Writing the Daemon Methods

TDaemons support the following methods:

Method/Event Description
OnStart Called when daemon should start. This method must return immediately with OK:=True.
OnStop Called when daemon should stop. This method must return immediately with OK:=True.
OnShutDown Called when daemon should be killed, because the system shuts down. This method must stop the daemon immediately and return with OK:=True. This is not triggered under Linux. Linux simply kills the daemon process.
OnPause Called when daemon should pause. This method must return immediately with OK:=True. Under Linux this is not triggered, instead the kernel stops the whole daemon on STOP.
OnContinue Called when daemon should continue after a pause. This method must return immediately with OK:=True. Under Linux this is not triggered.
OnExecute Do not use this property to implement the working code, use a worker task like shown in the code sample.
BeforeInstall Called before service installation.
AfterInstall Called after (successful) service installation.
BeforeUninstall Called before service de-installation.
AfterUninstall Called after successful service de-installation.

The following code snippets show all the major event handlers necessary to successfully implement a simple daemon. They have been tested on Windows 7/10/11 and several Linux distros (Debian 10.8 and Ubuntu 20.04.3).

Some handy helper functions have been offloaded into separate units, so they do not obfuscate the daemon core code:

  • FileLoggerUnit: a thread safe log to file helper. It is required because the control signal receiver included in the TDaemon application and the service's working code need to be implemented as separate threads, otherwise the daemon will not respond to control signals while the service worker code runs. So in any daemon there are at least two tasks involved, which could create a clash when accessing the log file simultaneously. See the Lazarus wiki Multithreaded Application Tutorial for details about how to serialize accesses to a single resource by using a TRTLCriticalSection to make the code thread-safe. The FileLoggerUnit code does always write the log into the program directory, please make sure the daemon has write access permissions. The code writes one file per day, the filename contains the creation date. If you need a more sophisticated logger, consider using the LazLogger unit.
  • DaemonWorkerThread: a TThread descendant class to hold the daemon "worker" code. See the Lazarus wiki Multithreaded Application Tutorial for details about the TThread.Execute method containing the inevitable "while not terminated" loop. There is nothing special with a worker thread initiated by a TDaemon, it's just a simple thread like any other.
  • DaemonSystemdInstallerUnit: a unit which tries to provide support for the -install and -uninstall command line parameters for Linux. Adds systemd/systemctl support by writing an appropriate control file to /lib/systemd/system.

Daemon Start/Stop Signal Handler

// ---------------------
// Start and Stop signal
// ---------------------  

procedure TDaemon1.DataModuleStart(Sender: TCustomDaemon; var OK: Boolean);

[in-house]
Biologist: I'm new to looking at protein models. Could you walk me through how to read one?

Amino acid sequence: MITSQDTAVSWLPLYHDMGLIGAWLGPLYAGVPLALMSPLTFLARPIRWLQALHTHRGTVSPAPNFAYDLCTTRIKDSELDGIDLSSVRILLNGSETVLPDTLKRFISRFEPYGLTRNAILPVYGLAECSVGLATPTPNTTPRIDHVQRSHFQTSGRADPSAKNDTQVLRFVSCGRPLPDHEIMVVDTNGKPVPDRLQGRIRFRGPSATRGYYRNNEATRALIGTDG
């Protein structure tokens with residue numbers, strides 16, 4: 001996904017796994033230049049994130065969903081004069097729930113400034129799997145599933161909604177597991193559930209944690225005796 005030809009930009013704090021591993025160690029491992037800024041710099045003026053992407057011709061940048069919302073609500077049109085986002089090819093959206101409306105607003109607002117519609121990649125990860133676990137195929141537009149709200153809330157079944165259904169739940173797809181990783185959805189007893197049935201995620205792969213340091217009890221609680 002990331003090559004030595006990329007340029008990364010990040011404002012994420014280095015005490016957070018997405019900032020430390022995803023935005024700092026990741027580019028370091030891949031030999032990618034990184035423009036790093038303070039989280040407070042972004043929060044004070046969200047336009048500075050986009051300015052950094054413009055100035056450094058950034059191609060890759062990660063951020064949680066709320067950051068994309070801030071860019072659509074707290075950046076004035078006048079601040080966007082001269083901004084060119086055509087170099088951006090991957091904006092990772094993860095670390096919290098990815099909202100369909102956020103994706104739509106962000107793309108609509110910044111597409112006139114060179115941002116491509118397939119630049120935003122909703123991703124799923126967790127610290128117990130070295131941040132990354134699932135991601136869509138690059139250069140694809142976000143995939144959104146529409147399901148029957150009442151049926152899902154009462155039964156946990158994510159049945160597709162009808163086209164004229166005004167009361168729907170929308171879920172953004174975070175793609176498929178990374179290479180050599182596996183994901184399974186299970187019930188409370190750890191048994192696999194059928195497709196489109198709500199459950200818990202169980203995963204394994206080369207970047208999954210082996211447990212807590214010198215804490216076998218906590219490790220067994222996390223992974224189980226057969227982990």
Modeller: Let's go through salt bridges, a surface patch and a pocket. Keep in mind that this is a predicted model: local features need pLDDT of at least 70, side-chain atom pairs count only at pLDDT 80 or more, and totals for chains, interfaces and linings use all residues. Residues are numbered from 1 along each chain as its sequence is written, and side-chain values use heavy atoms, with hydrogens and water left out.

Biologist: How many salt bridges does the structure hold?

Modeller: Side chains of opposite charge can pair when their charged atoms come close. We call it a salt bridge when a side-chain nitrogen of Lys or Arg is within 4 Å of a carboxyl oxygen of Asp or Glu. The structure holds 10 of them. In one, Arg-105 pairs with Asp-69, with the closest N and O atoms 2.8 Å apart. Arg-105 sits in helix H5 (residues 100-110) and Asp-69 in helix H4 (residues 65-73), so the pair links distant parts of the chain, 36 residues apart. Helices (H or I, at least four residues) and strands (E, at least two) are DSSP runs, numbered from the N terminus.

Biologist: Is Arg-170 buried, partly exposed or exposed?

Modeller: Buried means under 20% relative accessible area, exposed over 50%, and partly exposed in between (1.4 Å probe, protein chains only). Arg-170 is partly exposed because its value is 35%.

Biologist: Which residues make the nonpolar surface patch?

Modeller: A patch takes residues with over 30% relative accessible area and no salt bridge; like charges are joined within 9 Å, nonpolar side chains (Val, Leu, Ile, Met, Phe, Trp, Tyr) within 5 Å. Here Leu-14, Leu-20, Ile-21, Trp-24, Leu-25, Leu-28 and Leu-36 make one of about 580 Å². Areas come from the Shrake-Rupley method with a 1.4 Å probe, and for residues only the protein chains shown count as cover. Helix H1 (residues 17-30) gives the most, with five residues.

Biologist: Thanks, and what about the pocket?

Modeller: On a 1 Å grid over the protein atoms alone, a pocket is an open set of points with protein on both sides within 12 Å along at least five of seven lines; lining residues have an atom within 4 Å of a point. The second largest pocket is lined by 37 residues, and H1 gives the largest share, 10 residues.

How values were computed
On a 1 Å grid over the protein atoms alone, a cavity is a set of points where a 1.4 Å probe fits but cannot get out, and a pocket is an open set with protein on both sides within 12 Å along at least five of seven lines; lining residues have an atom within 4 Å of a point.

begin
  LogToFile(Format('Daemon received start signal, PID:%d', [GetProcessID]));
  // Create a suspended worker thread - see DaemonWorkerThread unit
  FDaemonWorkerThread := TDaemonWorkerThread.Create;
  // Parametrize it
  FDaemonWorkerThread.FreeOnTerminate := False;
  // Start the worker
  FDaemonWorkerThread.Start;
  OK := True;
end;

procedure TDaemon1.DataModuleStop(Sender: TCustomDaemon; var OK: Boolean);
begin
  LogToFile('Daemon received stop signal');
  // stop and terminate the worker
  if assigned(FDaemonWorkerThread) then
  begin
    FDaemonWorkerThread.Terminate;
    // Wait for the thread to terminate.
    FDaemonWorkerThread.WaitFor;
    FreeAndNil(FDaemonWorkerThread);
  end;
  LogToFile('Daemon stopped');
  OK := True;
end;

These handlers deal with the start and stop signals issued by the operating system. If the daemon starts, DataModuleStart fires and we spawn the "worker" thread found in the DaemonWorkerThread unit, see the TDeamonWorkerThread.Execute method to find the actual working code of our daemon. To understand the thread code, refer to the Multithreaded Application Tutorial wiki page and to the documentation of TThread.

Warning-icon.png

Warning: To implement the daemon worker code, one might consider to implement a handler for the "execute" method found in TDaemon. This does not work well, especially not on WIndows. Execute does not run as a separate thread, while it executes the daemon stops handling control messages. The daemon will start and run fine, but if you try to stop/pause/resume it using the Windows Service Manager or the sc command, the daemon will not respond and appear to hang.

Daemon Shutdown Handler

This Windows-only handler is called when the daemon is to be stopped because of an operating system shutdown. If we do not handle the event, Windows will simply forcefully kill the daemon process, potentially corrupting open files. For this simple demo service one can simply call the DataModuleStop event handler, executing the same code like a normal service stop. On Linux this handler is not supported, Linux will instead directly call the stop handler.

procedure TDaemon1.DataModuleShutDown(Sender: TCustomDaemon);
// Supported on Windows systems only
begin
  self.Stop;   // On shutdown, we trigger the stop handler. This will do nicely for this demo
  LogToFile('Daemon received shutdown signal');
end;

Install and Uninstall for Linux (systemd)